The Spiral

The spiral symbolizes the process of growth and evolution. The life renewing potential of the spiral appears in weaving and spinning stories from all cultures and times including our present day Spider Man to the fairy tale of Rumpelstiltskin. The spiral metaphor and the spiral in art, from prehistoric cave drawings to the delicate scroll atop an Ionic column, to the Mola designs of the Kuna Indians of Panama, are all symbols for the same universal process of growth. All announce diverse, yet universal, expressions of creativity.

 

The Triangle

The triangle is the universal shape associated with the attainment of desired goals and dreams, and envisioning new possibilities. It carries the theme of self-discovery and revelation. Symbolically, it represents one of the four elements, fire, and, on a spiritual plane, the Trinity. It is associated with arrowheads, pyramids, and mountains. In the pyramid, whose sides are all triangles, it is an emblem of immortality and symbolic power, as evidenced on the back of the one-dollar bill.

 

Climbing a mountain often describes the process or quest of attaining a goal, manifesting a dream, finding a lost treasure. To Westerners, this is reminiscent of the quest for the Holy Grail; and in the Native American culture, the Vision Quest or rite of passage for young adults. All of these stories demonstrate how goals and dreams are necessary in order to manifest creative results.

 

The Square

After the circle, the square is the most common geometric shape printed on textiles. Its equal proportions give it a feeling of stability, solidity, security and rationality. In many cultures, the four points of the square symbolize the foundations of life: the four seasons, the four directions, the four elements. The process of stability is being reinforced whenever a square appears in art and whenever examples of foundation metaphors are expressed in religious lessons such as the four Gospels, or the four truths of Buddhism.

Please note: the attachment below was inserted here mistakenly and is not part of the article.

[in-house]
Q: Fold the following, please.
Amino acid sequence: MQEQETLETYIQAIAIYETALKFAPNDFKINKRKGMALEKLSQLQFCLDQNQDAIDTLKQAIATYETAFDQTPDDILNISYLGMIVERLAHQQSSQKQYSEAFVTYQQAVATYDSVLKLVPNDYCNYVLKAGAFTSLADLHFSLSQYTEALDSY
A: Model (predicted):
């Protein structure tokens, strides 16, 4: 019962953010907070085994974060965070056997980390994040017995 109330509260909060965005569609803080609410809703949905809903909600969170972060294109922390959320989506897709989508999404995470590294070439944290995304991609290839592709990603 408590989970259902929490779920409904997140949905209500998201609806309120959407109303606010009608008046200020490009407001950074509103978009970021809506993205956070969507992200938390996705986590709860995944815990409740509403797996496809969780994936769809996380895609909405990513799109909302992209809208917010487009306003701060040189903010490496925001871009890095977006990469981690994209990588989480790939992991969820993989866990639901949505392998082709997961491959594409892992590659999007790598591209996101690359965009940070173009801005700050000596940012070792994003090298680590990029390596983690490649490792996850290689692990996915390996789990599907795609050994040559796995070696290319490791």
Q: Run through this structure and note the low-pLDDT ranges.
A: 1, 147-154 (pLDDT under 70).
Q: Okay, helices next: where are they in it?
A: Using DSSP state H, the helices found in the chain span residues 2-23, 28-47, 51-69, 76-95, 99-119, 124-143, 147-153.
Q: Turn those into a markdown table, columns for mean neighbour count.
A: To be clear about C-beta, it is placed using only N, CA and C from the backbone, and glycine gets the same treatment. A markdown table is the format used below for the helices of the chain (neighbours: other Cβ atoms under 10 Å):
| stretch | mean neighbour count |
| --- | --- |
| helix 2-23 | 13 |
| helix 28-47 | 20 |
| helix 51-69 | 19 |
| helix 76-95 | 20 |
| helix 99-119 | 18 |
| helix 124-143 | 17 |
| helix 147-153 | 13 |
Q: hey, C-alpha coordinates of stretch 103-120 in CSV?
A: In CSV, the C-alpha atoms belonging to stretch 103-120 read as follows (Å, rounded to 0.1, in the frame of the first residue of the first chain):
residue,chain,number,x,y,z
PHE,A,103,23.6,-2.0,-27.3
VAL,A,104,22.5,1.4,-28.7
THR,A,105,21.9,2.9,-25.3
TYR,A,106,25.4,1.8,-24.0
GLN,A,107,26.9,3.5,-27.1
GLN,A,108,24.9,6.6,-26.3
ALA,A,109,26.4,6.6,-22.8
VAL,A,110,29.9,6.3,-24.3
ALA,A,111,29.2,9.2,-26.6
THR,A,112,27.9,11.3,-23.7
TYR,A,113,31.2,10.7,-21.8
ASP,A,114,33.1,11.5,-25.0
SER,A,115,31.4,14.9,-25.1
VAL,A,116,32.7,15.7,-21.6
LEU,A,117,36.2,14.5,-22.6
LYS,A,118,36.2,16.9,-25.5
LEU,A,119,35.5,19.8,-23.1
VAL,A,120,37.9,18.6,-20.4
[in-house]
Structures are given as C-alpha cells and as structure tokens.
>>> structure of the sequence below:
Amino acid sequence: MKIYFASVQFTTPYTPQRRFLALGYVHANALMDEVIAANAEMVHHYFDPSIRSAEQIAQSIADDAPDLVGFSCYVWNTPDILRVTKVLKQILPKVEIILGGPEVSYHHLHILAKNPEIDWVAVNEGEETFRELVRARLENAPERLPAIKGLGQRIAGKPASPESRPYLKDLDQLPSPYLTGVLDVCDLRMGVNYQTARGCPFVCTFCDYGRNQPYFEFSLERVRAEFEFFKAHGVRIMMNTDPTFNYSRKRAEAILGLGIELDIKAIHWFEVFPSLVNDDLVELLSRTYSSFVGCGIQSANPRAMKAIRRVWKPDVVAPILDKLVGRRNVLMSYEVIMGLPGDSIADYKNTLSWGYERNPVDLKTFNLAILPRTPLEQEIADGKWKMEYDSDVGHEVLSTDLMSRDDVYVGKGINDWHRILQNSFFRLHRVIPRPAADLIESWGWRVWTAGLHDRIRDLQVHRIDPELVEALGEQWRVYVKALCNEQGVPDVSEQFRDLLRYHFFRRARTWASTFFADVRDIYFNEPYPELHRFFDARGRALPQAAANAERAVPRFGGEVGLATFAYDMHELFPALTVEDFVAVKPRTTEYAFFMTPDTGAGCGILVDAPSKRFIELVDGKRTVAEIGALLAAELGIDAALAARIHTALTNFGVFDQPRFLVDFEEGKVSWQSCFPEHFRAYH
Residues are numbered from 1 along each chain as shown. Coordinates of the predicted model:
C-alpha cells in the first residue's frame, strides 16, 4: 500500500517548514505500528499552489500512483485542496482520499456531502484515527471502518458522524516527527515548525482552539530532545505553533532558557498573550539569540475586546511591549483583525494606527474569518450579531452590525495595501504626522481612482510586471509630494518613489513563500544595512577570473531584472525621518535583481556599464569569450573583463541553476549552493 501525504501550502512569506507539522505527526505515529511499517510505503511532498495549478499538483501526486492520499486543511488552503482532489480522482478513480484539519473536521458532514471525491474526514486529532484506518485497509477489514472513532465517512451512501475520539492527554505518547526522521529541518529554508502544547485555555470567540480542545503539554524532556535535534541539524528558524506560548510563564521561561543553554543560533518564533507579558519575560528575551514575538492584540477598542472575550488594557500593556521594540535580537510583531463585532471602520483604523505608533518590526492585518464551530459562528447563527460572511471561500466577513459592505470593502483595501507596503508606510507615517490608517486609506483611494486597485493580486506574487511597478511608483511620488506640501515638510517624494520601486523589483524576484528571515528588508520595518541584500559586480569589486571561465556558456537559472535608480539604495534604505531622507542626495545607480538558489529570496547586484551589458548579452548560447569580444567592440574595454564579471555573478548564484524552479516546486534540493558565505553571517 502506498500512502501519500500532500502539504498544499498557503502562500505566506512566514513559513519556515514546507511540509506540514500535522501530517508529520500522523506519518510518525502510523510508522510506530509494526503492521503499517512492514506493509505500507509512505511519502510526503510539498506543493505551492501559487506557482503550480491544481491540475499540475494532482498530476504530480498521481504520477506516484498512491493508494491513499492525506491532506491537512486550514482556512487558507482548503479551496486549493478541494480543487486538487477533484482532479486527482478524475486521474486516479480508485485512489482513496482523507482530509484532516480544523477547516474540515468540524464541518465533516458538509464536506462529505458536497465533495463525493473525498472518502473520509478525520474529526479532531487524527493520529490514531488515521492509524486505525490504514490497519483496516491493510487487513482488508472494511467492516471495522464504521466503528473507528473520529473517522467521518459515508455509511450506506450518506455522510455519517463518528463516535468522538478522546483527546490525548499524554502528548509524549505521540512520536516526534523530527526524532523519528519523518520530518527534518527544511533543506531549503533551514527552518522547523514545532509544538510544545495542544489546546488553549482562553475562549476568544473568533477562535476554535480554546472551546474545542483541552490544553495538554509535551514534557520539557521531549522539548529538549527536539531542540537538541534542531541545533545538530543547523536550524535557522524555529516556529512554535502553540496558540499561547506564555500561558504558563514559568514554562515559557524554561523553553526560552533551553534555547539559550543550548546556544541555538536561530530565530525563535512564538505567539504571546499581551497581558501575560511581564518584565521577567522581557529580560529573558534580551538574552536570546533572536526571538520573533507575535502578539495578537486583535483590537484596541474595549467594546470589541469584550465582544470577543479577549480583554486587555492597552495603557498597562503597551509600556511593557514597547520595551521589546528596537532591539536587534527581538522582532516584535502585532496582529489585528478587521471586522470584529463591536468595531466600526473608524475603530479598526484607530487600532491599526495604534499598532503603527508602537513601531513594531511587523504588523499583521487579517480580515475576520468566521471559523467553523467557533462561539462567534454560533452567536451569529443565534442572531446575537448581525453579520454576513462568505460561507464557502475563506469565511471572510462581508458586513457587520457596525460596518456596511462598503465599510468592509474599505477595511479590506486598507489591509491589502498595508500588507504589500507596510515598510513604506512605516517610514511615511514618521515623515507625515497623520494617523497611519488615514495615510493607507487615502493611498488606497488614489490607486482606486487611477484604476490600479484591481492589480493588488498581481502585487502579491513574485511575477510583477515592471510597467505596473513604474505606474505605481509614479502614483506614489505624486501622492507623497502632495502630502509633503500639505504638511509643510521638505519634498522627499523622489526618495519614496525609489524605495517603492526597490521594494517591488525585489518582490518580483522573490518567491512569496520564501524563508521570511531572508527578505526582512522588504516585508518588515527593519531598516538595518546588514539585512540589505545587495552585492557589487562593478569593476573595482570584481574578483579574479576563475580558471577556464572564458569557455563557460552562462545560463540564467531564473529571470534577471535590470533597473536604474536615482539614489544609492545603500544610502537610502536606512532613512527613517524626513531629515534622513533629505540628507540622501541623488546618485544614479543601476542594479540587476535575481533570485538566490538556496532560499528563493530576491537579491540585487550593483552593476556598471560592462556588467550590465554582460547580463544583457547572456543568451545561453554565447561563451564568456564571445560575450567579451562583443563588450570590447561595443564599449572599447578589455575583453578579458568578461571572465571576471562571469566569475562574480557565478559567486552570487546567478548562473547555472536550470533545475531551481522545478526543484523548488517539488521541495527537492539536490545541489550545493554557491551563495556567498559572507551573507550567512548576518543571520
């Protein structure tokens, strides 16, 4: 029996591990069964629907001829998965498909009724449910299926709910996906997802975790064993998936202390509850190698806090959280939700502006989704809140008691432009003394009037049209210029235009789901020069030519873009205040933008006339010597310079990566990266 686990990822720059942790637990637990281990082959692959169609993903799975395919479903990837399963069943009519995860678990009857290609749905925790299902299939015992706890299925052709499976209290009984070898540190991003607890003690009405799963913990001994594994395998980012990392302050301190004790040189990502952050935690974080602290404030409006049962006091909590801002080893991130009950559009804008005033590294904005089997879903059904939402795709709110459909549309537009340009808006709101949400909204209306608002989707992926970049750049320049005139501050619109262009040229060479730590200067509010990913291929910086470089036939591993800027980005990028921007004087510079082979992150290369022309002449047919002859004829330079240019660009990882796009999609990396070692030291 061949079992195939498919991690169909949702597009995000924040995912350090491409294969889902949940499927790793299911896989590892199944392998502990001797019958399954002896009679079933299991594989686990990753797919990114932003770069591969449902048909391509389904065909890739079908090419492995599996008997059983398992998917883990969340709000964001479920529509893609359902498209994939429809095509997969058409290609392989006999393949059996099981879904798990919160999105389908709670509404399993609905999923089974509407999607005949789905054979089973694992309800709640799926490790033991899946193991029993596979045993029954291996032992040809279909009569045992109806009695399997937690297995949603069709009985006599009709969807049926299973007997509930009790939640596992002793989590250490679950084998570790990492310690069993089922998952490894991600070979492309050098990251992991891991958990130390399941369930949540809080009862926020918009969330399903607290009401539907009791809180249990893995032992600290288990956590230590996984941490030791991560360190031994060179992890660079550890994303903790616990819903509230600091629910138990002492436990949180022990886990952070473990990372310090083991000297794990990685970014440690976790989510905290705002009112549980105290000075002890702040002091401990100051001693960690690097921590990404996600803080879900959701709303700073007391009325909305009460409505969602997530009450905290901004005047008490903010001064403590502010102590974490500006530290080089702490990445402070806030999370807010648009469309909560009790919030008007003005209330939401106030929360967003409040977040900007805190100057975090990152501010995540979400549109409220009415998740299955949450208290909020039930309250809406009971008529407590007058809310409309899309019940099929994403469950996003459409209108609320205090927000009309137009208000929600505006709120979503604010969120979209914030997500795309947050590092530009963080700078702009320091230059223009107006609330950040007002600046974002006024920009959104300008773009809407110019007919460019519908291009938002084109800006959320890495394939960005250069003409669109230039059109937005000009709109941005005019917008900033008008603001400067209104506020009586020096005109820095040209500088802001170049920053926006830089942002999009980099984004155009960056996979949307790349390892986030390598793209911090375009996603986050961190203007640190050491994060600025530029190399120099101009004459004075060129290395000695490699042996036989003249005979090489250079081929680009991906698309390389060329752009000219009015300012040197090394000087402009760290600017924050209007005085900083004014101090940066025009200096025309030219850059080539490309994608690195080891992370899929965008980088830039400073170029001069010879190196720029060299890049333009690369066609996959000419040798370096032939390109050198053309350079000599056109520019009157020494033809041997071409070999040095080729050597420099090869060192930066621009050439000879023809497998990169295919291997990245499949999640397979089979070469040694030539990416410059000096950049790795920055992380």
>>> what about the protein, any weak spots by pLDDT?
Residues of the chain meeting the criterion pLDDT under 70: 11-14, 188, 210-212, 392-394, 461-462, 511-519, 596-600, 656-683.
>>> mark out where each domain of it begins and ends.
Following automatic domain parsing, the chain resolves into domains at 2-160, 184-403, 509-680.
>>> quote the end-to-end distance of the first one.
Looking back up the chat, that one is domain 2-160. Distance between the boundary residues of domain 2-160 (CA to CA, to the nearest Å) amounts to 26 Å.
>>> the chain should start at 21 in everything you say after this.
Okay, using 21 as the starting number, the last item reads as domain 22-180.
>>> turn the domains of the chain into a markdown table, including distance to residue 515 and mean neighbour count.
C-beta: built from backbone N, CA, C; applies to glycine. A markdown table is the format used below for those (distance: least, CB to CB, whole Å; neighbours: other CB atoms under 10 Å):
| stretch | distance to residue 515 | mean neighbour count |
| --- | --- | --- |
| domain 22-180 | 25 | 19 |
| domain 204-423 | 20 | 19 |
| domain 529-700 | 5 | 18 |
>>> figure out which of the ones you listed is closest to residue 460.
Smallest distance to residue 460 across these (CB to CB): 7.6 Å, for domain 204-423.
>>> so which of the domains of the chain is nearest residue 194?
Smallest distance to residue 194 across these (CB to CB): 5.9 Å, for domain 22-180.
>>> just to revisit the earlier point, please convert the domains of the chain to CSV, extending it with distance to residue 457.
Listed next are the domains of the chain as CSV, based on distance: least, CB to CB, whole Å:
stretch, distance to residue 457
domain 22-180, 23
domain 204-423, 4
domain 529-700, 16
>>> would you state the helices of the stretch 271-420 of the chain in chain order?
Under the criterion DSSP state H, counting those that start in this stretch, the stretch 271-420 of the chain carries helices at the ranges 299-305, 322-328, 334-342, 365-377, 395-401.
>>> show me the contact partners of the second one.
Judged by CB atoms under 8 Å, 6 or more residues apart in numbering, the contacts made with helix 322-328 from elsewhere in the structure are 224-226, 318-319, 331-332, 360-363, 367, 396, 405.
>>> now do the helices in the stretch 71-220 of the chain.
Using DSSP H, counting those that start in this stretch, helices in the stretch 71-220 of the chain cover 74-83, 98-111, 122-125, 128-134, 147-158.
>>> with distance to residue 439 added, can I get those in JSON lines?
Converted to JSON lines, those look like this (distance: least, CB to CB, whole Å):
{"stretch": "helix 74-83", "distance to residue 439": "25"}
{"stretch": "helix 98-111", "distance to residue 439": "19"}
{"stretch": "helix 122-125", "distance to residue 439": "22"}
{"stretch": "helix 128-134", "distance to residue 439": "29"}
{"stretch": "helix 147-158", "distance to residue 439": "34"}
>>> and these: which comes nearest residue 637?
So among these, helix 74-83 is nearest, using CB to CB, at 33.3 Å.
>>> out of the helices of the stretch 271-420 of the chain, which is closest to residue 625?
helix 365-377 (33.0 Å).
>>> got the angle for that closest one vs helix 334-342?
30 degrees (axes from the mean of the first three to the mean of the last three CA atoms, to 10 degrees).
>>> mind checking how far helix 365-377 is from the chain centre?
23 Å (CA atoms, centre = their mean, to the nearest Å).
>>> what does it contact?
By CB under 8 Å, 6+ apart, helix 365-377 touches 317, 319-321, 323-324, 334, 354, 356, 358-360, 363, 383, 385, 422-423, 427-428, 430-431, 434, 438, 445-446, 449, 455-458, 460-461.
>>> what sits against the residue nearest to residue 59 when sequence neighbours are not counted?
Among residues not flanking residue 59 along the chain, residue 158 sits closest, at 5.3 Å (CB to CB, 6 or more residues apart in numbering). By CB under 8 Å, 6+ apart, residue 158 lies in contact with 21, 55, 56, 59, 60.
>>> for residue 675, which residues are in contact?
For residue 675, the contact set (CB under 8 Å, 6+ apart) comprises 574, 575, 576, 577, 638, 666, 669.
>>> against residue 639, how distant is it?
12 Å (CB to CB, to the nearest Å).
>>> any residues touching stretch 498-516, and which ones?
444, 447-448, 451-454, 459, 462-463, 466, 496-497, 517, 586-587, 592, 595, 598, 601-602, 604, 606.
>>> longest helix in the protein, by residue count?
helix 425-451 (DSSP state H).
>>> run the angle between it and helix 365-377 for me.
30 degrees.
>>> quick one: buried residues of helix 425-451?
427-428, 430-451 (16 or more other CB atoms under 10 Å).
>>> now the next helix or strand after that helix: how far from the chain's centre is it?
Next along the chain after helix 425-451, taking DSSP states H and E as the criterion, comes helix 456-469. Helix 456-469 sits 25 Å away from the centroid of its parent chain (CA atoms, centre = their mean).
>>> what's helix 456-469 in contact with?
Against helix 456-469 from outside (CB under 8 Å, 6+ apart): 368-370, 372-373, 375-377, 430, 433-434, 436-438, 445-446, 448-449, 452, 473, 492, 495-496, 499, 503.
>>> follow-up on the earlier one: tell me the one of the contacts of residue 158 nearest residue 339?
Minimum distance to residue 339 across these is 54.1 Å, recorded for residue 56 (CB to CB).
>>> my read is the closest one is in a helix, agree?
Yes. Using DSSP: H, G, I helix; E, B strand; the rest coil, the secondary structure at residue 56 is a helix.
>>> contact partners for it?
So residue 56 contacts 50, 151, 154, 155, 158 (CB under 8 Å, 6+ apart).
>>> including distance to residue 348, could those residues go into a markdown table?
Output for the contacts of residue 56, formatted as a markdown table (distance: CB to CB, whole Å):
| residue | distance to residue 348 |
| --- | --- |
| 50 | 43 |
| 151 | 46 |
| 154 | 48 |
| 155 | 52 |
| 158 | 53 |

These five symbols are found in the textile arts of many cultures and continents from around the world, which shows their pervasiveness and timelessness. Collectors can use the information in this blog and in other articles about signs and symbols to discover their own individual preference for a specific symbol or symbols that speak to their inner processes and sensibilities. One can then begin to build a collection based upon signs or symbols that span through various cultures, belief structures and forms of expression.

 

Whether a European ceramic tile or an Amish quilt, the collector’s consciousness evolves through experiencing the object’s intrinsic beauty, and the understanding of its symbolism enhances it. As in all forms of artistic expression the context may change, but the secret language of symbols endures eternally. Which universal signs and symbols speak to you as a collector?

 

copyright 2010 Caroline Ashleigh, AAA, USPAP

 

 


 

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First All-Star 1933 Chicago Baseball Scorecard

Program

 

As  guest appraiser at a recent appraisal venue in Grand Rapids, Michigan, sponsored by the Rotary Charity Club, one of the more unusual objects that I had the opportunity of appraising was a 1933 Chicago All-Star Baseball Program, in pristine condition.The example was extremely clean and perfectly flat, with no tears, and a flawless spine, an exceptionally sharp and attractive example of significant rarity.

 

This was a superb high-grade official program from the very first All-Star game. Arch Ward, the sports editor of the Chicago Tribune, organized the first All-Star Game in 1933 as an attraction for Chicago's Exposition. That first game, played July 6, 1933 at Comiskey Park, featured what many consider to have been the greatest assembly of baseball talent to ever take the field in a single game. Seventeen future Hall of Famers made appearances in the game, including Babe Ruth, Lou Gehrig, Frank Frisch, Chuck Klein, Chick Hafey, Bill Terry, Paul Waner, Pie Traynor, Gabby Hartnett, and Carl Hubbell. Connie Mack and John McGraw served as managers for their respective leagues. Babe Ruth hit the first homer in All-Star game history. Frisch provided the NL offense, with a two-run homer in the sixth inning, but the combined talents of Lefty Gomez and Babe Ruth allowed the American League to prevail, 4-2.